Addressing heart failure in primary care

Heart failure is a complex clinical syndrome, involving abnormalities in the structure or function of the heart that reduce cardiac output and impair delivery of blood to metabolising tissues. While most people with heart failure will require secondary care input at some stage, primary care has a significant role in the diagnosis and management of this condition, particularly as many presentations are subtle and progress slowly.

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Published: 17 June 2022

Click here to read the full article “Part 1 – Identifying and diagnosing heart failure

Key practice points:

  • The presentation of people with heart failure in primary care can vary substantially, ranging from mild and non-specific symptoms, e.g. a reduced exercise capacity and malaise, through to those with classical key features, e.g. ankle swelling, shortness of breath, orthopnoea
  • Clinical examination can help to identify more specific signs of heart failure, e.g. elevated jugular venous pressure (JVP), positive abdominojugular reflux, S3 (gallop rhythm) and a laterally displaced apical impulse; however, their absence does not exclude the possibility of heart failure
  • The patient’s history should be reviewed to:
    • Identify whether they have made behavioural changes to compensate for symptoms, e.g. reducing physical activity in response to shortness of breath
    • Assess for other factors that may be an underlying cause or exacerbate symptoms, e.g. co-morbidities or concomitant medicine use
  • If heart failure is still suspected, perform an ECG to check for any obvious underlying abnormalities and request a brain natriuretic peptide (BNP) test
  • A clinical diagnosis of heart failure can be made if patients are not “ruled-out” based on their BNP result; they should also be referred for an echocardiogram to help refine long-term treatment decisions, however, this is not required to make an initial diagnosis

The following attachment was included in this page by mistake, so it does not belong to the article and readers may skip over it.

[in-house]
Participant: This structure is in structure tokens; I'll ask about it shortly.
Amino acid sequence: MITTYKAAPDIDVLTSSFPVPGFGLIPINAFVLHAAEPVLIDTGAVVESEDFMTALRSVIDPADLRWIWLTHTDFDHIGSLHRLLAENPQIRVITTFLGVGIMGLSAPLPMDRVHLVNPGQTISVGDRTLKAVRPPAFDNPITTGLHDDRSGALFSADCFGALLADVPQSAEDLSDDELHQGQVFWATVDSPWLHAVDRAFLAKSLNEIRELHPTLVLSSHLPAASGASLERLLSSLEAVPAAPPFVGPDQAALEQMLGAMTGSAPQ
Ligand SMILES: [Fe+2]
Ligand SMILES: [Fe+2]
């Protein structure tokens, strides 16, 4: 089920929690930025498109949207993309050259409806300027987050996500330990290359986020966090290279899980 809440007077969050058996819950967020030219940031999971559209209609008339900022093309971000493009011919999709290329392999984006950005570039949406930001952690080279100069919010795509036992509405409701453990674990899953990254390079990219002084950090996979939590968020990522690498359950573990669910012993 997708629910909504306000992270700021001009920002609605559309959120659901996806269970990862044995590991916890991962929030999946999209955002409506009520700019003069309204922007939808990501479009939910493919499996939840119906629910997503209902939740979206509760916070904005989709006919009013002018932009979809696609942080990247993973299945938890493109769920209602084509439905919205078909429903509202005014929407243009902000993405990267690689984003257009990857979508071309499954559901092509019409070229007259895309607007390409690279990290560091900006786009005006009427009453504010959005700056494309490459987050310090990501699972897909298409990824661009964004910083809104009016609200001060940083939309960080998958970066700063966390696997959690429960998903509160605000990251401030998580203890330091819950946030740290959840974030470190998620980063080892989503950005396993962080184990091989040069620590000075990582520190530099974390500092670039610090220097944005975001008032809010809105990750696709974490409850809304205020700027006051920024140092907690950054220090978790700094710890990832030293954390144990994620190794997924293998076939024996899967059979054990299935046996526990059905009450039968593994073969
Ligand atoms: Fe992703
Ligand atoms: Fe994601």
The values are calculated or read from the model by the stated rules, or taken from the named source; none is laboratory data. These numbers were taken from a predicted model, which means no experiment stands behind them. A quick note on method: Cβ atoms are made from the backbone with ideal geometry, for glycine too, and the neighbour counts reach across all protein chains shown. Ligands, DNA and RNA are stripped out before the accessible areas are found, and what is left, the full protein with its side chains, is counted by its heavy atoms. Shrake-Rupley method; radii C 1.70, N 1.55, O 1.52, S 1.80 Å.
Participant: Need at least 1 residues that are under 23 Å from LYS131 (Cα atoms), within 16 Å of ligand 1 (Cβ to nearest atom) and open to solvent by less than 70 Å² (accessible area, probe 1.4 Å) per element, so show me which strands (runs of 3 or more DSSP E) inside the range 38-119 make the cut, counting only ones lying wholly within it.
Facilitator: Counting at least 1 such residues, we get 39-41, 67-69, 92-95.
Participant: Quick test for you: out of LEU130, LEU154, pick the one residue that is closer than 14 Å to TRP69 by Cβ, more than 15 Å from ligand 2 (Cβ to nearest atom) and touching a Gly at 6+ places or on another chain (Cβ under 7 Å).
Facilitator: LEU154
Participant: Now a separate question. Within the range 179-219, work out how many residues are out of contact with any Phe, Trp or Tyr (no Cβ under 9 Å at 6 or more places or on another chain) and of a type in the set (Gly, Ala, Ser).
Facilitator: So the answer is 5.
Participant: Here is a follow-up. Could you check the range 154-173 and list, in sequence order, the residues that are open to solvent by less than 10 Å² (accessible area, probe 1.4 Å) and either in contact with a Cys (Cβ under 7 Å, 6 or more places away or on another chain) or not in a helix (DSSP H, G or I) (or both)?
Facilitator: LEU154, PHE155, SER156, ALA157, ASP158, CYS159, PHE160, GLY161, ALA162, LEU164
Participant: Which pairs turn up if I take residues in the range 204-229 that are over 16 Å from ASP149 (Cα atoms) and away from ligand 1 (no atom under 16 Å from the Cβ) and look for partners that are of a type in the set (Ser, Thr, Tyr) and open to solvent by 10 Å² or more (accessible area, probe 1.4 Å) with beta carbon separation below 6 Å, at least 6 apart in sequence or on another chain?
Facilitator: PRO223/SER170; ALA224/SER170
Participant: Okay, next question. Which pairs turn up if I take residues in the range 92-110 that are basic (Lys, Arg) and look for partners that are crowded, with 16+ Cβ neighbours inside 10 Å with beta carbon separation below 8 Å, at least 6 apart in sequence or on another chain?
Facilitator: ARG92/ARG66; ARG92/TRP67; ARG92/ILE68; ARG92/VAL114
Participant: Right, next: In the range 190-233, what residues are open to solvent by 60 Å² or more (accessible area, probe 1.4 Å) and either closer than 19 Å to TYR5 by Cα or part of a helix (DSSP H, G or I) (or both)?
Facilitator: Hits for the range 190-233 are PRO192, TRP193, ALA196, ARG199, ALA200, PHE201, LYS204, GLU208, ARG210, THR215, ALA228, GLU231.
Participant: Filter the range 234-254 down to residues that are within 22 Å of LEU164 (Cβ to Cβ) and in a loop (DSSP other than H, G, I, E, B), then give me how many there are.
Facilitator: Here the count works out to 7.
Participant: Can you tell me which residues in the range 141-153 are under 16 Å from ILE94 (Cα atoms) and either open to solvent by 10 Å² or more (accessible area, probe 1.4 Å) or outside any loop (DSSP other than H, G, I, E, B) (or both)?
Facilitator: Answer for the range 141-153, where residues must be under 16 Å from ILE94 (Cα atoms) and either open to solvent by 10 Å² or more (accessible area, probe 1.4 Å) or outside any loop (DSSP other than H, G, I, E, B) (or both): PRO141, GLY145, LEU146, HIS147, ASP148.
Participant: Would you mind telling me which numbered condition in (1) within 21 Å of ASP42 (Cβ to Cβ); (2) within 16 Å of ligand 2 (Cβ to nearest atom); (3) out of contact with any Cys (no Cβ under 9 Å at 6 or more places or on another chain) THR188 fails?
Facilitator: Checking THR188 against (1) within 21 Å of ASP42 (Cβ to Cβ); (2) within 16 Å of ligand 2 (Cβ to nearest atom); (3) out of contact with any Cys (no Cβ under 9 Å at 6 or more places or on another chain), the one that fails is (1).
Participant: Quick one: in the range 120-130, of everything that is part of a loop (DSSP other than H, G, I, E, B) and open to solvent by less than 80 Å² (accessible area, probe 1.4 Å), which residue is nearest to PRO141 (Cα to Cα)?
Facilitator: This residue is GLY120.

• If the patient is clinically unstable consider referral to secondary care, where treatment will likely be commenced. Treatment for patients initially managed in primary care is guided by the severity of symptoms, the presence and type of co-morbidities and relevant laboratory investigations.

Key practice points:

  • Following clinical diagnosis, pharmacological treatment for patients with heart failure should immediately proceed under the assumption they have reduced left ventricular ejection fraction (HFrEF); in general, this initially involves:
    • Assertive treatment with a loop diuretic if the patient has fluid overload
    • Initiation of an ACE inhibitor (or ARB) as soon as practically possible, and a beta-blocker once any symptoms of fluid overload have settled; these should subsequently be titrated to the maximum dose tolerated
  • Spironolactone (or eplerenone) can be considered if patients remain symptomatic; in some patients with severe symptoms, spironolactone may be used concomitantly alongside the ACE inhibitor and beta-blocker immediately
  • The combination product of valsartan (an ARB) and sacubitril (a neprilysin inhibitor) – class name ARNI; brand name Entresto – can also improve clinical outcomes in patients with ongoing symptomatic HFrEF despite optimised standard treatment
    • Sacubitril + valsartan is fully funded with Special Authority approval
    • Stop the patient’s ACE inhibitor (or ARB) before initiating sacubitril + valsartan due to the risk of angioedema
  • There is increasing evidence that sodium-glucose cotransporter-2 (SGLT-2) inhibitors can improve prognostic outcomes in patients with heart failure, with or without diabetes. However, this medicine is currently only funded for patients with type 2 diabetes who meet the Special Authority criteria.
  • If heart failure with preserved ejection fraction (HFpEF) is confirmed based on echocardiography at any point, a cardiologist should generally be involved to refine treatment, which mostly focuses on control of fluid balance using diuretics at the lowest possible dose, in addition to managing associated co-morbidities

Article supported by the South Link Education Trust

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